The Salt Mine Near Krakow, Poland - JUNE, 2001
For many centuries this salt mine was a major source of income for people living in the area. After World War II, the salt was exhausted and the mine abandoned. A few years after it closed, some of the former miners who had skills in sculpting where engaged to develop sculptures throughout the mine. Today it provides tourist income to the area and employment for the descendents of the former miners.
Our guide shows us the sculpture from pink salt honoring
Copernicus, one of the many salt sculptures in the former mine.
A salt sculpture of a famous queen of Poland and her prince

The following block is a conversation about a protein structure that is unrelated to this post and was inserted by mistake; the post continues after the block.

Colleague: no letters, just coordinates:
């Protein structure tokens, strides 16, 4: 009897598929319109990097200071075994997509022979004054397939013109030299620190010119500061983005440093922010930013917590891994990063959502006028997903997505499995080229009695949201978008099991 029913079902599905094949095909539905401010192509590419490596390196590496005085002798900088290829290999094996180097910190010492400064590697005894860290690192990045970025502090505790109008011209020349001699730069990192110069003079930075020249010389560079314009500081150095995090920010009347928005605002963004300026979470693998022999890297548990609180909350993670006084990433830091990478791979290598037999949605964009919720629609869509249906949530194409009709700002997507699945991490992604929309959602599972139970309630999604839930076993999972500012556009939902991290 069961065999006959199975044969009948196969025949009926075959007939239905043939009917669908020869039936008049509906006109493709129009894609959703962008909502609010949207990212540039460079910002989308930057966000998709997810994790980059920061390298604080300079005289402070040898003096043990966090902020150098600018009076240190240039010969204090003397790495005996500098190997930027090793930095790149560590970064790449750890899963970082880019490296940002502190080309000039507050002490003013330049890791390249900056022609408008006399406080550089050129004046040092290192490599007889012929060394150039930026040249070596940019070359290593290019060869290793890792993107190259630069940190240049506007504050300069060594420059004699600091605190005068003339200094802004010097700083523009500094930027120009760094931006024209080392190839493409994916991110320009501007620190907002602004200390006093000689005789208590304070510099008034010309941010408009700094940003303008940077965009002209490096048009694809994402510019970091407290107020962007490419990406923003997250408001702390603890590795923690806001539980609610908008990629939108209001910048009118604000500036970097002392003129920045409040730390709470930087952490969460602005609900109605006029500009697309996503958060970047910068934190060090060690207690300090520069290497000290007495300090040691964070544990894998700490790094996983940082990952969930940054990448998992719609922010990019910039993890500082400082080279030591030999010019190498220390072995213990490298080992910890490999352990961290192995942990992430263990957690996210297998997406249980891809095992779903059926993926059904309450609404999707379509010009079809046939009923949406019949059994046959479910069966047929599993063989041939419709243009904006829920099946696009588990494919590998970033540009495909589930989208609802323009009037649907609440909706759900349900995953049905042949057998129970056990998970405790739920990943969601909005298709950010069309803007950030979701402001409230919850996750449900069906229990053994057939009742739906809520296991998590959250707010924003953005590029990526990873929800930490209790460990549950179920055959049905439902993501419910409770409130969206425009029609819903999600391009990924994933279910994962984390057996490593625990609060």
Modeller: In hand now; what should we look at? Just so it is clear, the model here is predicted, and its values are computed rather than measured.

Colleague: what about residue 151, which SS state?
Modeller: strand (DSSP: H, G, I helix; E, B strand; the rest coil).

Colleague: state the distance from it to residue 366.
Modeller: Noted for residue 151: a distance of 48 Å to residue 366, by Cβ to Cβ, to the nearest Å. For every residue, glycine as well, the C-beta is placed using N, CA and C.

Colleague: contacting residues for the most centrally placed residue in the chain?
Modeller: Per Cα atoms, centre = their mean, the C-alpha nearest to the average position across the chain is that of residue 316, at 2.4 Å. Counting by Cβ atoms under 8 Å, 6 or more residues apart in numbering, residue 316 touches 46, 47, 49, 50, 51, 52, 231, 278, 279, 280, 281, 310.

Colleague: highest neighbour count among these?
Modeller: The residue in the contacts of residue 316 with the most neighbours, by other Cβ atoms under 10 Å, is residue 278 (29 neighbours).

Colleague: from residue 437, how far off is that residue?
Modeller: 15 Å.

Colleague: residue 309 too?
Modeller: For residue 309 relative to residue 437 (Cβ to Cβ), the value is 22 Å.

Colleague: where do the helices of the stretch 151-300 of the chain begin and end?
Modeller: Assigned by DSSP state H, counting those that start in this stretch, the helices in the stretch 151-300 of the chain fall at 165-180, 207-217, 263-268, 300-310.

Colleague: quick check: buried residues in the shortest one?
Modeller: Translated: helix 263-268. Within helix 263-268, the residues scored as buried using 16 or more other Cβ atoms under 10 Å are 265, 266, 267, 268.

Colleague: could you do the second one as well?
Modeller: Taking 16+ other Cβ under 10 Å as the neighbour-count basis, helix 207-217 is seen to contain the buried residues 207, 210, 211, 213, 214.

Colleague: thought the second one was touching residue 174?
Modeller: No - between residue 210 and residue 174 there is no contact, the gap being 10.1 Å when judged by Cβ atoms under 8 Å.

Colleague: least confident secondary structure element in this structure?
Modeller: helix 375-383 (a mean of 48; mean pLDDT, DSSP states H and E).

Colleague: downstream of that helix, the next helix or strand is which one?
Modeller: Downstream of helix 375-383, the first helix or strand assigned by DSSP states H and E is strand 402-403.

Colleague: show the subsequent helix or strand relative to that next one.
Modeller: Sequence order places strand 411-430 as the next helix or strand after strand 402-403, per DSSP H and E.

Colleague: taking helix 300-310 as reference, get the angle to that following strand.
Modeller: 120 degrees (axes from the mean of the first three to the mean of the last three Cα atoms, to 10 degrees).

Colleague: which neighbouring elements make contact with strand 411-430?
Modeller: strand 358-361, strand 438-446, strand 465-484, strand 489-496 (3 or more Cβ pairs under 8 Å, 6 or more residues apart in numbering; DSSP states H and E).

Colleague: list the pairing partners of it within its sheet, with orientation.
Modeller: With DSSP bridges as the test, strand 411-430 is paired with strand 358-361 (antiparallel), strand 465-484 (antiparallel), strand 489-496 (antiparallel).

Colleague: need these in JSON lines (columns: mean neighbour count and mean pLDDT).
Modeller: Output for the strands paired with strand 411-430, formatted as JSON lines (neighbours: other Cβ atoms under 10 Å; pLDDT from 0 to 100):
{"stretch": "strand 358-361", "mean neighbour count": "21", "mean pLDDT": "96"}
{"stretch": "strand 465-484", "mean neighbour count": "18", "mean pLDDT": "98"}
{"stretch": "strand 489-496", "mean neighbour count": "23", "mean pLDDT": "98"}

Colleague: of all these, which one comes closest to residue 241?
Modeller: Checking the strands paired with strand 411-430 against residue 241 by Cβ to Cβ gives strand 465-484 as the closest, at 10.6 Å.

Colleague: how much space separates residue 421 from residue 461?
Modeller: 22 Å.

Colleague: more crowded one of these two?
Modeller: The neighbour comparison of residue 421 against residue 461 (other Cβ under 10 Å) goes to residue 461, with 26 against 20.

A chandelier out of salt crystal (only the lights are
A sculpture of salt of a miner from the past.
We were told not to touch the salt sculptures, but that
we could lick the walls of salt. So Louise Allsopp of
Adelaide University, Australia, takes up the challenge.
On returning to the surface, a Brass Band plays for a wedding near
the Salt Mine
The bride enters the Church to the sound of the Brass Band playing.
After the wedding the bride and groom leave in their Mercedes.
For Photos of Krakow: http://courseweb.lis.uiuc.edu/~weech/Krakow/krakow.htm
For Photos of Excursions from Krakow before the conference:http://courseweb.lis.uiuc.edu/~weech/Krakow/excursions.htm
For photos of the conference in Krakow, see http://courseweb.lis.uiuc.edu/~weech/Krakow/Inform-Science01.htm
For photos of Auswitz-Birkenau concentration camp, see http://courseweb.lis.uiuc.edu/~weech/Krakow/Aus-birk.htm
CLICK HERE FOR THE HOMEPAGE OF TERRY WEECH